New studies suggest a link between cannabis and risk of heart damage, arrhythmia, and stroke.
In the latest cannabis health research, researchers aimed to determine the impact that cannabis consumption can have on heart health and the greater vascular system. The results of these studies suggest a substantially increased risk of adverse neuro-cardiovascular health outcomes for cannabis consumers. The idea that cannabis can damage your heart is alarming, considering there is other evidence to the contrary.
A survey conducted by Marist University found that thirty-five million Americans are “regular users.” Their definition of this is a person who consumes cannabis at least once or twice a month. In an era of increasing awareness of the health benefits of cannabis, these investigations deserve attention. However, health-related cannabis research is complex, and many factors require further consideration.
Can Cannabis Consumption Really Damage Your Heart?
In a study published in Medicina (2019), researchers looked at over fifty-two million hospitalization records between 2007 and 2014. They found that seven hundred thousand of those records included young, current or former, cannabis consumers. And these did not have a history of other substance consumption, including tobacco. The frequency of admission to hospital for acute myocardial infarction and heart arrhythmia was significantly higher in cannabis consumers compared to non-consumers.
In another study, researchers found that young people diagnosed with cannabis use disorder were particularly at risk. They have a forty-seven to fifty-two percent greater risk of ending up in hospital for heart arrhythmia. Cannabis use disorder describes a problematic pattern of cannabis consumption that leads to significant impairment or distress. Heart arrhythmias can increase the risk of a blockage in blood flow and lead to a stroke or heart damage.
Cannabis Consumption and an Increased Incidence of Stroke
A study recently published in Stroke (2019), aimed to evaluate the risk of stroke in cannabis consumers. The researchers analyzed data from the Behavioral Risk Factor Surveillance System (2016 – 2017) and found that nearly fourteen percent of participants reported consuming cannabis in the last month. Again, the researchers adjusted for tobacco consumption and discovered substantial increases in the risk of stroke for those who regularly consumed cannabis. Those who consumed cannabis more than ten days per month had 2.45 greater odds of having a stroke.
The authors highlight that the research represents an association between cannabis consumption and increased odds of a stroke, and not a causal relationship. A possible explanation for the increased risk of stroke for those who regularly consume cannabis is that THC has pro-coagulant effects.
The pro-coagulant nature of THC could form blood clots in frequent consumers and lead to an increased risk of stroke. There may also be a dose-response relationship between the pro-coagulant effects of THC and stroke. Meaning that the higher the frequency and amount of THC consumed, the greater the risk of stroke. However, science has not identified what constitutes a dangerous level of cannabis consumption.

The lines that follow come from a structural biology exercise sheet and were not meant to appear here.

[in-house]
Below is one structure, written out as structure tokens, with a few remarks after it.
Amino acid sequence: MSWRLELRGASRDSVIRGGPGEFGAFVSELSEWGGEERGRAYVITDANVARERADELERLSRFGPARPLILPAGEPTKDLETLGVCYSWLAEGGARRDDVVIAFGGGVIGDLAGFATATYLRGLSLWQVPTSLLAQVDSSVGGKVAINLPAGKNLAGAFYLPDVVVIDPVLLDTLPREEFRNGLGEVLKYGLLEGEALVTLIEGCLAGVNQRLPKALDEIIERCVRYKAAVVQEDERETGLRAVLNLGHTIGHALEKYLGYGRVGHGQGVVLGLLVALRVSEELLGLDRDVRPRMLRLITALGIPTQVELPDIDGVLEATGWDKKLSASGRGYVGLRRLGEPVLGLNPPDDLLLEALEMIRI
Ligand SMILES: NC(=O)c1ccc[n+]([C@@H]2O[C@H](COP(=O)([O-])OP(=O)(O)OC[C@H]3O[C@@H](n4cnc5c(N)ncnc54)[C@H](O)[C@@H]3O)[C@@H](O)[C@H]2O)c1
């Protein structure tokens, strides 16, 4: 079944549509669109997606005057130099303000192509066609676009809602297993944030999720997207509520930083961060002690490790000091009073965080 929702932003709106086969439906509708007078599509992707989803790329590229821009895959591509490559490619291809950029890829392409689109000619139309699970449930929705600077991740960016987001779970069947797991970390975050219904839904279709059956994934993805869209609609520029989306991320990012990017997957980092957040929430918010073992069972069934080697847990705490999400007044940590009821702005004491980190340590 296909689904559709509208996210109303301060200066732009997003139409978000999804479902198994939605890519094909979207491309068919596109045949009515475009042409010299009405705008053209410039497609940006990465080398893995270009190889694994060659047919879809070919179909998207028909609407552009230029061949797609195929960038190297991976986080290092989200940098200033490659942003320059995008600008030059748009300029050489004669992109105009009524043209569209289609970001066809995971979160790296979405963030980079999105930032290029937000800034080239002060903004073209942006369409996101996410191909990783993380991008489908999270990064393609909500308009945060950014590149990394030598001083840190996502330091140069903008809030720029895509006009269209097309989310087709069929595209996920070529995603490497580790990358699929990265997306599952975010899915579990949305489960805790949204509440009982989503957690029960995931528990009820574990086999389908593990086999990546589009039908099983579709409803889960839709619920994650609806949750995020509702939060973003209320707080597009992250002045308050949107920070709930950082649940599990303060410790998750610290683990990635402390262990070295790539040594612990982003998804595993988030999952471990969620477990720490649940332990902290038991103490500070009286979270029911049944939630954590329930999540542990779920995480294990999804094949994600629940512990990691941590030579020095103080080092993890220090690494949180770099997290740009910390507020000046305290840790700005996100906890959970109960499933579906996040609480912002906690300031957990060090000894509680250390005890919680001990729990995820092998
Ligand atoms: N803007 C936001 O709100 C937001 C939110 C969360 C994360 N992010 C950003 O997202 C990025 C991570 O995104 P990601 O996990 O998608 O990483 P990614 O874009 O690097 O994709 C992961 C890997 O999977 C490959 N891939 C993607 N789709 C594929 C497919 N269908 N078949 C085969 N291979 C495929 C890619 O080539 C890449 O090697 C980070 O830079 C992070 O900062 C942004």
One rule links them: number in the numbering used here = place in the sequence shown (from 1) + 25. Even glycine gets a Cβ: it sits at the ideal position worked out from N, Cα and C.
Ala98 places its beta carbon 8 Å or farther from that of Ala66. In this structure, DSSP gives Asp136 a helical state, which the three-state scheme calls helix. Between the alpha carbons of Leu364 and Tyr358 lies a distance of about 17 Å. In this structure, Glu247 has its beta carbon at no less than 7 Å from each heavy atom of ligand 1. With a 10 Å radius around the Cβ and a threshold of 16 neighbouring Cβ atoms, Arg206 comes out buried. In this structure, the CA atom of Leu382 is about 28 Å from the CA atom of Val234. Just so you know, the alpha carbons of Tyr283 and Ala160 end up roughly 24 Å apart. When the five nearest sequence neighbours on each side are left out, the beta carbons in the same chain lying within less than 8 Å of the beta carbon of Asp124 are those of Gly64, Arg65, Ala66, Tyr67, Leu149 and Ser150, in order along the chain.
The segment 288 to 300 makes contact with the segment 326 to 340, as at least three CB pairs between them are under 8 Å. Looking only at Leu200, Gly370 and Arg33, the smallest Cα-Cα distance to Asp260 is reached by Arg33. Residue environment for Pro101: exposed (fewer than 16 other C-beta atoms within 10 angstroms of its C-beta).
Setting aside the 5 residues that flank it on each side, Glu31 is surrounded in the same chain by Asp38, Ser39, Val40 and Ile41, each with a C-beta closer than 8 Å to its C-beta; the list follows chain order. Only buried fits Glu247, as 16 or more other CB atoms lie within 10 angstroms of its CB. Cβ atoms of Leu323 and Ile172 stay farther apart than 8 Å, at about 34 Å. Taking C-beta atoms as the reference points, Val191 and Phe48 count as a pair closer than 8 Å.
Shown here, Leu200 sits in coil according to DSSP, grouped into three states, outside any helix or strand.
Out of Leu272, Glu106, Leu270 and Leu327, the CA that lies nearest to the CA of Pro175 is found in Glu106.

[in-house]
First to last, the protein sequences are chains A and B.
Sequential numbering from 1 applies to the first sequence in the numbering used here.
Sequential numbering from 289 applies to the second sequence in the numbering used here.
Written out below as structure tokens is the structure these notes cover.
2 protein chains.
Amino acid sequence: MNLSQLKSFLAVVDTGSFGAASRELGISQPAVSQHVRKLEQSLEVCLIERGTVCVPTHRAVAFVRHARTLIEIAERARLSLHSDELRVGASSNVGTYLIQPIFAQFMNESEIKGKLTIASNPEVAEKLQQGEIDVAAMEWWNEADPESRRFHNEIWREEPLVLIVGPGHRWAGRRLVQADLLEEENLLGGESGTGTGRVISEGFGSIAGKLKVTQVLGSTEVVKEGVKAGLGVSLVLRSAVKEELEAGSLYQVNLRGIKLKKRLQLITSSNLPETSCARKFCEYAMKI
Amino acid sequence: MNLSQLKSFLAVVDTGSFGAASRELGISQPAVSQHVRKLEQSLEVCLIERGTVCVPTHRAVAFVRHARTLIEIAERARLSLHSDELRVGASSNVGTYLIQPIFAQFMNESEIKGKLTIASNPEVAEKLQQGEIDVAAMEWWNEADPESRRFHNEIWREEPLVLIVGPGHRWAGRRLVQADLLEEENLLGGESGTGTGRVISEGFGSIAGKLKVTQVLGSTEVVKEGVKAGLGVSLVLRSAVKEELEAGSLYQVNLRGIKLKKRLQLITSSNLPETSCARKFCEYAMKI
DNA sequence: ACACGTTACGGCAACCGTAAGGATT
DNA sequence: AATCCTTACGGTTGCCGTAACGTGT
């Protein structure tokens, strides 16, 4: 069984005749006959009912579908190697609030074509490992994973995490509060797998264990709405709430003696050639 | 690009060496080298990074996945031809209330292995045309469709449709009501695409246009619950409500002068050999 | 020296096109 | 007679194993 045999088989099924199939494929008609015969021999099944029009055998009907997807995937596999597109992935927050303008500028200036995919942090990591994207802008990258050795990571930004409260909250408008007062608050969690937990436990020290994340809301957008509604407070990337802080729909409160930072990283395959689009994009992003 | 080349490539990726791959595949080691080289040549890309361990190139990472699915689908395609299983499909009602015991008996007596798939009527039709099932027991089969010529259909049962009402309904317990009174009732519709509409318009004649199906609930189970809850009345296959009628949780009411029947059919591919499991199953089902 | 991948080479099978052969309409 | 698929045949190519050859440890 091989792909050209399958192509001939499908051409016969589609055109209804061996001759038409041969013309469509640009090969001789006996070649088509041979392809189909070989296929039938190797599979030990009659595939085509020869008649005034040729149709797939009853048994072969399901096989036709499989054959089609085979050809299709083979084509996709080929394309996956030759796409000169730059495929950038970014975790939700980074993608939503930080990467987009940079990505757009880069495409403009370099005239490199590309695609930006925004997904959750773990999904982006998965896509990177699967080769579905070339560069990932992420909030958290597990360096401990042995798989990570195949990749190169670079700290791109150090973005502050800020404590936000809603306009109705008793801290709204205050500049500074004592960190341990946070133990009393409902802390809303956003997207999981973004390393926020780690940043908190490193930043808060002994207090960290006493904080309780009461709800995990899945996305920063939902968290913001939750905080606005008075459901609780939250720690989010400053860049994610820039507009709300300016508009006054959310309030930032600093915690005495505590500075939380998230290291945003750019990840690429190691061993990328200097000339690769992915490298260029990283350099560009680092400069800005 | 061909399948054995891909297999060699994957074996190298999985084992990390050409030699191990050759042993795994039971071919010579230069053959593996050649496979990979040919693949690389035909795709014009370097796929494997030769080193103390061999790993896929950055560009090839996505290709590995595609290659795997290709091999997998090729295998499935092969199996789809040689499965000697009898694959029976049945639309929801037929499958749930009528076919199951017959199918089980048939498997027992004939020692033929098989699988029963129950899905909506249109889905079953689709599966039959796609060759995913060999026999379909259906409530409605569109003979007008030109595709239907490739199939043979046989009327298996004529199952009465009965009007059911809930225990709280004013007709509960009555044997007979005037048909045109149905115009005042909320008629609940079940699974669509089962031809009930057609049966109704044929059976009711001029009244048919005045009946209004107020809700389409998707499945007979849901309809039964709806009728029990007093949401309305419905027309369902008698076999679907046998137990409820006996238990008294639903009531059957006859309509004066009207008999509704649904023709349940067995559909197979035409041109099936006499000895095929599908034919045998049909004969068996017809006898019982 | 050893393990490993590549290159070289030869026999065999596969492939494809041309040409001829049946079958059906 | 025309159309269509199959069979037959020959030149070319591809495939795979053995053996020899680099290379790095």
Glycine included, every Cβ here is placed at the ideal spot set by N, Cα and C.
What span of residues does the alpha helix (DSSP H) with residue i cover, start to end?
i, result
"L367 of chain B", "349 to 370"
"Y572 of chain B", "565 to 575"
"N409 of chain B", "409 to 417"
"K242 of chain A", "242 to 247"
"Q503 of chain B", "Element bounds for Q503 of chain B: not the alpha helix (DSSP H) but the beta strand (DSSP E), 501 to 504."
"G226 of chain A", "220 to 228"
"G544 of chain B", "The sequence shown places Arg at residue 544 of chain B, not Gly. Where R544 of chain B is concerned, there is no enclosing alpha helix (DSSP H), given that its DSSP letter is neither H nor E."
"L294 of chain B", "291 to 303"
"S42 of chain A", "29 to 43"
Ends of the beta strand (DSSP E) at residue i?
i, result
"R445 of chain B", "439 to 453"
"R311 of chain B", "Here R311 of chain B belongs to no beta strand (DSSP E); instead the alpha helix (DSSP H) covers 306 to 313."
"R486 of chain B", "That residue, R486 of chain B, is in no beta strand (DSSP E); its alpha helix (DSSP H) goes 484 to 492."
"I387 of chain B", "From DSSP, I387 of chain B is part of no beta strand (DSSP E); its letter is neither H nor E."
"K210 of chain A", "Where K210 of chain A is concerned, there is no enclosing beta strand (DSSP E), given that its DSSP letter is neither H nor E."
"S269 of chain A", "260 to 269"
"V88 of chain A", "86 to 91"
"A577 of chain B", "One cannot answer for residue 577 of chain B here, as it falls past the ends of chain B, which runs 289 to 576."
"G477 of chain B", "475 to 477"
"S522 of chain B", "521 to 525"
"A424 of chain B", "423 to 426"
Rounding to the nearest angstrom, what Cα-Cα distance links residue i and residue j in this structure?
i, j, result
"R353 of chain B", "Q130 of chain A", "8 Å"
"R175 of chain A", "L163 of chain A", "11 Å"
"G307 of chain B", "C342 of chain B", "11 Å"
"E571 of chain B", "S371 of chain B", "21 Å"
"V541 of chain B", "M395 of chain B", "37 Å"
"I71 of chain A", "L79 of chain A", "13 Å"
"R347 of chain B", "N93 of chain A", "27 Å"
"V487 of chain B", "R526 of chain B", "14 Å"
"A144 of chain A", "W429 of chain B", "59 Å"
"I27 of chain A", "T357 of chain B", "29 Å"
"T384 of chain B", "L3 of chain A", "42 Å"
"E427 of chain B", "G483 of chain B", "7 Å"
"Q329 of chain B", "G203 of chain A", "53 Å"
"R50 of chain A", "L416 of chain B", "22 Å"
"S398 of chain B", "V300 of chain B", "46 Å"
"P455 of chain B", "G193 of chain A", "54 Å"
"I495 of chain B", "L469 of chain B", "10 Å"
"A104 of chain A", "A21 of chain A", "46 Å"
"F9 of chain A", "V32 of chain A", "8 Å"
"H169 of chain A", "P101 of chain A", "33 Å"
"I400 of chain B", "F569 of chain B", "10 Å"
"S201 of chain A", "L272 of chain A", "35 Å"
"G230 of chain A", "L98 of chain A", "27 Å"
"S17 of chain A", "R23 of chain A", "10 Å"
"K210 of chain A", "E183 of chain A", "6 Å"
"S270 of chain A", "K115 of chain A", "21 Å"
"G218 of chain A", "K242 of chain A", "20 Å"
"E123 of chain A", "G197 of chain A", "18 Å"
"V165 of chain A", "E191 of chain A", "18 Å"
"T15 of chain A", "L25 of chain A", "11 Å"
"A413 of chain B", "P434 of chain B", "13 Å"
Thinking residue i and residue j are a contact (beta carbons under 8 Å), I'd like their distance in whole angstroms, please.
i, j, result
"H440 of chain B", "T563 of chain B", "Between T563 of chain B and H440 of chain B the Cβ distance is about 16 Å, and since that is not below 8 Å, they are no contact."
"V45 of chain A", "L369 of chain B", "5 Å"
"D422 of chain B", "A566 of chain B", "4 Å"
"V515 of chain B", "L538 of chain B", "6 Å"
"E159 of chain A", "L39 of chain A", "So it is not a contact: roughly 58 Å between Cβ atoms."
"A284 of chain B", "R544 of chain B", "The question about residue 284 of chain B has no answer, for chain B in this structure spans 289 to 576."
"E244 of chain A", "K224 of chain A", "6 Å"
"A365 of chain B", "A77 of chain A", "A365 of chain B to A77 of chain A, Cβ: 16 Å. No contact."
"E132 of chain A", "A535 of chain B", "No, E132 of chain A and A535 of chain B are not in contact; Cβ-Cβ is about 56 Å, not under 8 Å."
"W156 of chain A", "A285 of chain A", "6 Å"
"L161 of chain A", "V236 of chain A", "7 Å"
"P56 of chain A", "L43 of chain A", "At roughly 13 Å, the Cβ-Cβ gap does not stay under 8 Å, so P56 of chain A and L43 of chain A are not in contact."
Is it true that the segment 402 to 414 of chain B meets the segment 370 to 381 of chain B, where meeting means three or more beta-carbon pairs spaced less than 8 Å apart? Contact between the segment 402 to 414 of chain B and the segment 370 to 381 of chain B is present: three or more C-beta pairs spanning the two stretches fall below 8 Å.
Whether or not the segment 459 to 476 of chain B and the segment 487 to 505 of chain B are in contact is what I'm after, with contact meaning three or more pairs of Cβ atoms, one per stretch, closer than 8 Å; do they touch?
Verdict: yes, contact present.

How Much Cannabis is Too Much?
Unlike alcohol or other drugs, it is generally accepted that the dose required to die from cannabis consumption is not possible. However, this does not mean that problematic levels of cannabis consumption do not exist. When consumed appropriately, cannabis can be a powerful tool for the treatment of many physical and mental ailments. It can also provide an overall sense of well-being. But, what is an appropriate or healthy amount of cannabis? The populations in the previously mentioned studies suggest that problematic levels of cannabis consumption may be responsible for the increased risk of adverse neuro-cardiovascular events.
The one population consisted of individuals diagnosed with cannabis use disorder. While the other study notes that the increased risk of stroke was only in those who consumed cannabis more than ten days per month. In this same study, those who consumed cannabis less than ten days a month had only eight percent higher odds of stroke.
However, this could be a very misleading method of measuring cannabis consumption. After all, it is possible to consume more cannabis in five days than one would in the previous thirty. Future research should aim to identify how much cannabis is too much. In addition to better understanding the amount of cannabis consumed, researchers should direct more attention to the safety of differing methods of cannabis consumption.
Some Methods of Consumption are Healthier than Others
Although it is considered by many to be less harmful than smoking tobacco, smoking cannabis still involves combustion. This can expose consumers to some of the same carcinogens found in tobacco smoke. For this reason, some medical professionals suggest patients consume using other products, like edibles and oils.
Smoking cannabis remains the most popular method of consumption. The increased odds of an adverse neuro-cardiovascular event may not be a direct result of the cannabis itself. Instead, it may be a result of the participants’ preferred method of consumption. Future studies will need to investigate this possibility.
Risk is Small for Cannabis Consumers
Millions of people have consumed cannabis for decades. There seems to be a disconnect between the proposed health risks and the number of cannabis consumers who experience such issues. This has led some investigators to believe there is a low risk of cardiovascular events in cannabis consumers. While others point out the potential benefits of cannabis on the cardiovascular system, some key questions remain unanswered. The final word is that research into the effect of cannabis on the neuro-cardiovascular system needs to be further explored.